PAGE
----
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NWT Chamber of Commerce: Will new GNWT booze rules have a dash of advanced health measures?

Anyone paying attention to the bureaucratic fermentation process of the NWT’s new beer, wine and hard liquor laws might have felt underserved after the recent public hearing on Bill 83 in Yellowknife.
The NWT Chamber of Commerce believes liquor laws should benefit business while also increasing social responsibility. It appears the GNWT is moving in those directions with a new Liquor Act from the Finance Department and the just-issued Alcohol Strategy from the Department of Health. Adobe Stock photo

Anyone paying attention to the bureaucratic fermentation process of the NWT’s new beer, wine and hard liquor laws might have felt underserved after the recent public hearing on Bill 83 in Yellowknife.

Expecting to draft a written submission to the Standing Committee on Government Operations — or even sidle up in person before the MLAs in the Eagle Room on that June evening — I went on a research bender into the new booze rules.

NWT Chamber of Commerce column standard

I compared the existing Liquor Act to the changes found in Bill 83 and looked at everything the NWT Chamber of Commerce and other organizations have written about the way alcohol is imported, made, transported and sold in the NWT.

Slinging booze is big business and is part of a complete sociable outing for many people — local or just visiting — and the NWT desperately needs to diversify its economy and provide opportunities for growth in sectors such as tourism, hospitality and entertainment.

Generally speaking, tough liquor sales and service restrictions do more harm than good. Let the market decide what it wants. Let communities decide if they want to restrict or be completely dry.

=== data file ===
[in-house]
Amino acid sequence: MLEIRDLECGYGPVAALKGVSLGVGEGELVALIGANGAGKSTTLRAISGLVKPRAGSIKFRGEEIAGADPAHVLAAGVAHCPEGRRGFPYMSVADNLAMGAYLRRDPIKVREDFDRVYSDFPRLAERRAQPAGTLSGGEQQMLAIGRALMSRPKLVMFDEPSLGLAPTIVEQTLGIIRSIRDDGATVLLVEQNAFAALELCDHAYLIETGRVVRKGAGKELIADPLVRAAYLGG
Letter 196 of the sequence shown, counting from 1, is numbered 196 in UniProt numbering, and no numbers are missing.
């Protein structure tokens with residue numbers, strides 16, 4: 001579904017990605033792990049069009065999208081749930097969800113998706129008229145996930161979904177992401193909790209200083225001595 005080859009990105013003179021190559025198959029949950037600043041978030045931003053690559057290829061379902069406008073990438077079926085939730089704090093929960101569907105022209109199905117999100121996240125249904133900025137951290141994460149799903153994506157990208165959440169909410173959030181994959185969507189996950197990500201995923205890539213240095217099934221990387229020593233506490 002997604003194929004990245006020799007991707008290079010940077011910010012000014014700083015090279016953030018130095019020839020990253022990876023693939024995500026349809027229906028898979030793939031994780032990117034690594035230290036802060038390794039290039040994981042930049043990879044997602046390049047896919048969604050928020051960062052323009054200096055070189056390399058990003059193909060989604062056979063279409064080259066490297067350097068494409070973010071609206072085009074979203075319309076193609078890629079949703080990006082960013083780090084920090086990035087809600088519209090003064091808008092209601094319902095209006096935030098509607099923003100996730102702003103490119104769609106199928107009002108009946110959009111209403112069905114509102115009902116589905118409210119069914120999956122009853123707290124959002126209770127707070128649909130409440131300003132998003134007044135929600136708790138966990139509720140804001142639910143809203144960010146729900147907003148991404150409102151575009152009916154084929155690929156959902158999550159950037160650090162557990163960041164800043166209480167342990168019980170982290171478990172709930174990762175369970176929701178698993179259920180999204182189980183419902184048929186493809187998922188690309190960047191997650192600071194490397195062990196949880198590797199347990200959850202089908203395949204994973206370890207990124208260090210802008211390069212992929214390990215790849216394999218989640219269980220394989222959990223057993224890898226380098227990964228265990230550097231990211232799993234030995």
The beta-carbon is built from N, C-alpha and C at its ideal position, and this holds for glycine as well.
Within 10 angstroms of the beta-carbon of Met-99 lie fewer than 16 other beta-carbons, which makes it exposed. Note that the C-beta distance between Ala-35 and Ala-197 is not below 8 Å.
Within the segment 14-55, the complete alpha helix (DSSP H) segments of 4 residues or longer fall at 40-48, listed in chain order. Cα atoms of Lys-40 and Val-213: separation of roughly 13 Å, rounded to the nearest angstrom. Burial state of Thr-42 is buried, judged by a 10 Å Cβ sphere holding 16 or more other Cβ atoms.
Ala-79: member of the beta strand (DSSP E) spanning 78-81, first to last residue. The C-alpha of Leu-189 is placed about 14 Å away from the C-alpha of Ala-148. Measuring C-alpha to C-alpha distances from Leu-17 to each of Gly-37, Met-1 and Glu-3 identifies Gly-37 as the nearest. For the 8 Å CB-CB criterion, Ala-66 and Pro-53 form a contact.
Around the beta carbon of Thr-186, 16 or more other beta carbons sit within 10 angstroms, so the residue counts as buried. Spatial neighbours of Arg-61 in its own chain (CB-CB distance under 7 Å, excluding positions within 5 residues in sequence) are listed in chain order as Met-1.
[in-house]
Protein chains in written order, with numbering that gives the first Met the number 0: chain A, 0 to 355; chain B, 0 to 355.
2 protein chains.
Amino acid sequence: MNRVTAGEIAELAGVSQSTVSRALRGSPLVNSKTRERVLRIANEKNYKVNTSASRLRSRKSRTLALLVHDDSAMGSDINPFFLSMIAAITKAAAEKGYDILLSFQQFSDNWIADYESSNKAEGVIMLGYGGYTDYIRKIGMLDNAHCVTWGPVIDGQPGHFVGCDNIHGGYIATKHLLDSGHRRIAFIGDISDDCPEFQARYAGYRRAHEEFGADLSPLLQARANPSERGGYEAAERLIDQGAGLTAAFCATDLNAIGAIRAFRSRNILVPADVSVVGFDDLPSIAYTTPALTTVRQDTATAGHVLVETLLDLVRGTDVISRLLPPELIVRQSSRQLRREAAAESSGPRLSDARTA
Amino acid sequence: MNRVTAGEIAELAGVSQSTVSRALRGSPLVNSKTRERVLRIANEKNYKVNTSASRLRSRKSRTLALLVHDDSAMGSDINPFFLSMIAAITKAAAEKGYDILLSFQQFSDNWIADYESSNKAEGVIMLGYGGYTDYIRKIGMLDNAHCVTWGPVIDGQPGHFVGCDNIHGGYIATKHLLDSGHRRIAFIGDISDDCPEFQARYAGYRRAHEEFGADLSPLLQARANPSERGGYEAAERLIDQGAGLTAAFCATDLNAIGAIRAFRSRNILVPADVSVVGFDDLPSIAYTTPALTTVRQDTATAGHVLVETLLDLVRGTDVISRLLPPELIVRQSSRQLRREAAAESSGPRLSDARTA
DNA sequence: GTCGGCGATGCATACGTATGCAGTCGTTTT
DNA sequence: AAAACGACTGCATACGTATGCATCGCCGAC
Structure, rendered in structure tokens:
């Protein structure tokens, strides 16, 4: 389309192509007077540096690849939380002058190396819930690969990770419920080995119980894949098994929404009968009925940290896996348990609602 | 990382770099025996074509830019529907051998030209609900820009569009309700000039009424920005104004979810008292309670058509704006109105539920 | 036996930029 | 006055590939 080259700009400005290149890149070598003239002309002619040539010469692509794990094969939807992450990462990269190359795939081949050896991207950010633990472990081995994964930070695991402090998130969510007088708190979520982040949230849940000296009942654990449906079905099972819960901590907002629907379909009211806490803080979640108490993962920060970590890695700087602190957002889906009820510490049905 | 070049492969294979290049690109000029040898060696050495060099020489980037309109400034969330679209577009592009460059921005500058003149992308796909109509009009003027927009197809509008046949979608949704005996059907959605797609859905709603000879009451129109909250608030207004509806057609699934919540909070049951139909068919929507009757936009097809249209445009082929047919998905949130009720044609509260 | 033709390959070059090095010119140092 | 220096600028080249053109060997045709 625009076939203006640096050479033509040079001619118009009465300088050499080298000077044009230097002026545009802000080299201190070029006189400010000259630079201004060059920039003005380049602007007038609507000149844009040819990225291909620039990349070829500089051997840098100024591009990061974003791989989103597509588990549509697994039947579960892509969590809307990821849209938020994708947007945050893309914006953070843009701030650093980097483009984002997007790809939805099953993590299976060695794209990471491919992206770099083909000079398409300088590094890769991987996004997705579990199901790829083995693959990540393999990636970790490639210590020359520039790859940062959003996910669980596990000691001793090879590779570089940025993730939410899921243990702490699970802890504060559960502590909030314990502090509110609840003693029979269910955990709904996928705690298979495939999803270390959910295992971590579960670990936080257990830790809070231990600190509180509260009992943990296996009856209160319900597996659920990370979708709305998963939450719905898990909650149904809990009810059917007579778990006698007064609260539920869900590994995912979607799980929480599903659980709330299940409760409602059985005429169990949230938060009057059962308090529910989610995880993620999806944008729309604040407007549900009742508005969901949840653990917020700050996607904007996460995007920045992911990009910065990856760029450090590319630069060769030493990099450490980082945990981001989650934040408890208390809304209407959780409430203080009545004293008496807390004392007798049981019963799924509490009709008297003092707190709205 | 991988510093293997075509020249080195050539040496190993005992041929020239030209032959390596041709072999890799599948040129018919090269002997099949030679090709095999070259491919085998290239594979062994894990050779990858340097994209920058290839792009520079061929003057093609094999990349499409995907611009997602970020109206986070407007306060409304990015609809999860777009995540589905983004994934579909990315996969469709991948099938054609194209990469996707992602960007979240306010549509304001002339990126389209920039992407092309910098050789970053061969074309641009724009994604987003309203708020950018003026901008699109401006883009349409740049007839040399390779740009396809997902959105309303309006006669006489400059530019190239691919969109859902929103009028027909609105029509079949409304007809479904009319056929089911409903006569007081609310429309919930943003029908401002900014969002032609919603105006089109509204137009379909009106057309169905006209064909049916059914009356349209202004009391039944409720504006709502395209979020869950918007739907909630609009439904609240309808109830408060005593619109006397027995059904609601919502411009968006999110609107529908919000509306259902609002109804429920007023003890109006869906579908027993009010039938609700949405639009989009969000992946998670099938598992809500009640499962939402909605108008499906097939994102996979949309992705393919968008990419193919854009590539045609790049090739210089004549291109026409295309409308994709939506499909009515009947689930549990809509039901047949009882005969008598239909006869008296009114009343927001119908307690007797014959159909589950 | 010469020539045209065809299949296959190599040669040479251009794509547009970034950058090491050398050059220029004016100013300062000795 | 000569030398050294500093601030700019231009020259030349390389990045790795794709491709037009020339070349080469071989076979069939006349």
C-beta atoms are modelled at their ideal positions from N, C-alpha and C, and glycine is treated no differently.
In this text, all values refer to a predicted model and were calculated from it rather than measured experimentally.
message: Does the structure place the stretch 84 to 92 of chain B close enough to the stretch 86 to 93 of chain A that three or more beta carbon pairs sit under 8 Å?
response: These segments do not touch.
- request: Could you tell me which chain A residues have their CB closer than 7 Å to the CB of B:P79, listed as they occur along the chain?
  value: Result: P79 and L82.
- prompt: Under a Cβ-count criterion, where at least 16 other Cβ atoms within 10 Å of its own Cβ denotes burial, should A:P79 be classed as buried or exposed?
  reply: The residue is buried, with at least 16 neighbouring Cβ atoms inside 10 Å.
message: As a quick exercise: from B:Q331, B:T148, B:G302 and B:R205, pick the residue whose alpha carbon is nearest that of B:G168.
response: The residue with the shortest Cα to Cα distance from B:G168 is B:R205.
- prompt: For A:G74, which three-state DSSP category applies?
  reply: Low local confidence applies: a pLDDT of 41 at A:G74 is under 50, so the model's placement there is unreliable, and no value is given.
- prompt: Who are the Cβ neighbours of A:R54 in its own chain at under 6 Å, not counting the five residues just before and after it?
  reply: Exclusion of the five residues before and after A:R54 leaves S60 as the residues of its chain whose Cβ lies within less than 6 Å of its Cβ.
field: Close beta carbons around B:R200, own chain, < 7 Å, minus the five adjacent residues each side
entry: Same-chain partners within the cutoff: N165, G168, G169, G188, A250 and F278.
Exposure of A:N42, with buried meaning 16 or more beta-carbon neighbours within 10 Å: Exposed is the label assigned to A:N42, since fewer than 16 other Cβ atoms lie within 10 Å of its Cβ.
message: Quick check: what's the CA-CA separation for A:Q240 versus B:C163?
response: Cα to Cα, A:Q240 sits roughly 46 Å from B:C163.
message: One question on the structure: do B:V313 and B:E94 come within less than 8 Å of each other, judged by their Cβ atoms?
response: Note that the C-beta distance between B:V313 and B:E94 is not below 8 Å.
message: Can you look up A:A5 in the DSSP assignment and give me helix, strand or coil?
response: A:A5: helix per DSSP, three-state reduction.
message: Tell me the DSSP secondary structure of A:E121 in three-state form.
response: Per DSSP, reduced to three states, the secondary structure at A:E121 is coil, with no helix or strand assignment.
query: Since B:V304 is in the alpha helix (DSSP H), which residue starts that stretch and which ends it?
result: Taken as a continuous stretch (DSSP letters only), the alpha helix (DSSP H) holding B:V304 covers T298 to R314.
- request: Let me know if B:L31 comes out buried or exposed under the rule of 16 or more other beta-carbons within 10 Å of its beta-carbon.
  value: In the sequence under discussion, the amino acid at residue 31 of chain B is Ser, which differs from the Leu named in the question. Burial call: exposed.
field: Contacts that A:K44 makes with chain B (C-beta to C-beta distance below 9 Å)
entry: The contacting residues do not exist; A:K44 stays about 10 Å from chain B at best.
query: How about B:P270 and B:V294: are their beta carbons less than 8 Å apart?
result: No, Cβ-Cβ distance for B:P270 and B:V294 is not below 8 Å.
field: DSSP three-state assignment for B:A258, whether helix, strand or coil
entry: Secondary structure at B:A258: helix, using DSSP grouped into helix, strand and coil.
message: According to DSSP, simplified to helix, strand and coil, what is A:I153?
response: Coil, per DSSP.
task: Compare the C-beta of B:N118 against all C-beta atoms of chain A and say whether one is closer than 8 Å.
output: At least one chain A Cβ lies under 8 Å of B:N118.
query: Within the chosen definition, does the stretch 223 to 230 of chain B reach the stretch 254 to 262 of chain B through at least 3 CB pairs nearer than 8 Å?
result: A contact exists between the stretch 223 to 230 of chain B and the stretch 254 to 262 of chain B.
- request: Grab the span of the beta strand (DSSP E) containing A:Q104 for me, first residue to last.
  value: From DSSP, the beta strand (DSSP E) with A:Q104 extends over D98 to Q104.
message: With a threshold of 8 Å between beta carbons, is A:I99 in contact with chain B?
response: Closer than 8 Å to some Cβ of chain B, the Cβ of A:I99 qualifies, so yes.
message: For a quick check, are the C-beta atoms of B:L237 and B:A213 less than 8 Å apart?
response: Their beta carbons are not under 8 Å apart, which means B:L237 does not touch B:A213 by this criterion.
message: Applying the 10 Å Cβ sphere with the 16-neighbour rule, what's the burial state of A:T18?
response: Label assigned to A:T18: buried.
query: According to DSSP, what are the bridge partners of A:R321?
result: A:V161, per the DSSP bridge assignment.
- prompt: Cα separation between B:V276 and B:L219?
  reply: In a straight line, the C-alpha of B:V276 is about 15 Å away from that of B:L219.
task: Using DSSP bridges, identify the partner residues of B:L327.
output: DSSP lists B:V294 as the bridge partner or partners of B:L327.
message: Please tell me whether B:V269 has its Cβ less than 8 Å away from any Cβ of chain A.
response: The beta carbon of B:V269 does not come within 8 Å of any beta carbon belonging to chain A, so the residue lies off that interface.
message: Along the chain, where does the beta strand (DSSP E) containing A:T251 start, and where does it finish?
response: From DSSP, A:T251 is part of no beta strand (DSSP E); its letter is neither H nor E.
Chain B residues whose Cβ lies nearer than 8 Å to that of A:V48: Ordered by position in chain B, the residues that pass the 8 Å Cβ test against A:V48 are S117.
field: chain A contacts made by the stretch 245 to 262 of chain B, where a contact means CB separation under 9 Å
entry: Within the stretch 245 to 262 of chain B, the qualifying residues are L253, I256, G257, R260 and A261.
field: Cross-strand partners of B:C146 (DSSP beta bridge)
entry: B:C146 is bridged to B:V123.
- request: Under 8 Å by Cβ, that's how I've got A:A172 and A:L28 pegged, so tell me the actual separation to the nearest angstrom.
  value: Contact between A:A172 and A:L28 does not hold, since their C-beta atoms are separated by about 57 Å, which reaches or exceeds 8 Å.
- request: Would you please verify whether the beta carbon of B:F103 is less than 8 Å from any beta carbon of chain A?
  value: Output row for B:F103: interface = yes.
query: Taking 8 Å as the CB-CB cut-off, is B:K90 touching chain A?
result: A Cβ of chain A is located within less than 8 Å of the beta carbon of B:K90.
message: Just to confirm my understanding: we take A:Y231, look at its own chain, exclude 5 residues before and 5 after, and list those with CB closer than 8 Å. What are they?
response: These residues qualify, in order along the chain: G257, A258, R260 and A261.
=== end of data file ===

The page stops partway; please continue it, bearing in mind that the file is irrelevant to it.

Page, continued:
During public engagement sessions, participants repeatedly stated that people take larger risks to get around oppressive restrictions and that bootleggers thrive when retail hours are cut or bars can’t open on certain days.

Another common theme suggested high prices are unnecessary and are causing problems, such as illegal importation, lost revenue for the NWT and risks for vulnerable people as they take increased chances to acquire money. Increasing access to safe, legal liquor is the best way to attempt to curb bootlegging.

But back to Bill 83, which is likely to soon become the new Liquor Act.

I didn’t attend the public hearing in Yellowknife last month as I had little new to say about what was in Bill 83. Where were all the highly anticipated and very welcome changes that were in the What We Heard Liquor Legislation Review of last March?

A few examples:

-Allowing a wider selection of products in retail stores, which operate under contract with the government.

-Added retail services, such as wine pairing advice, cooking classes and other services that create a positive atmosphere around liquor were highly supported.

-Continue to have server training available and mandatory for anyone who sells and serves liquor. But also make security training available for anyone who sells and serves liquor.

-There was high support for ferment-on-premises businesses as a new concept for the NWT. This new business opportunity would see customers make their own beer and wine, and store it at the business until it is ready.

-Allow retail sales every day of the week and on holidays. And provide more community control over liquor availability and lengths of temporary bans.

-Have entire-site licences available to eliminate the need for fenced-off beer gardens at large events and festivals. Actually, it would be best to modernize and update the entire licensing, enforcement and appeals process.

I asked Finance Minister Caroline Wawzonek if all or some of those changes will turn up when regulations are drafted in support of the new Liquor Act.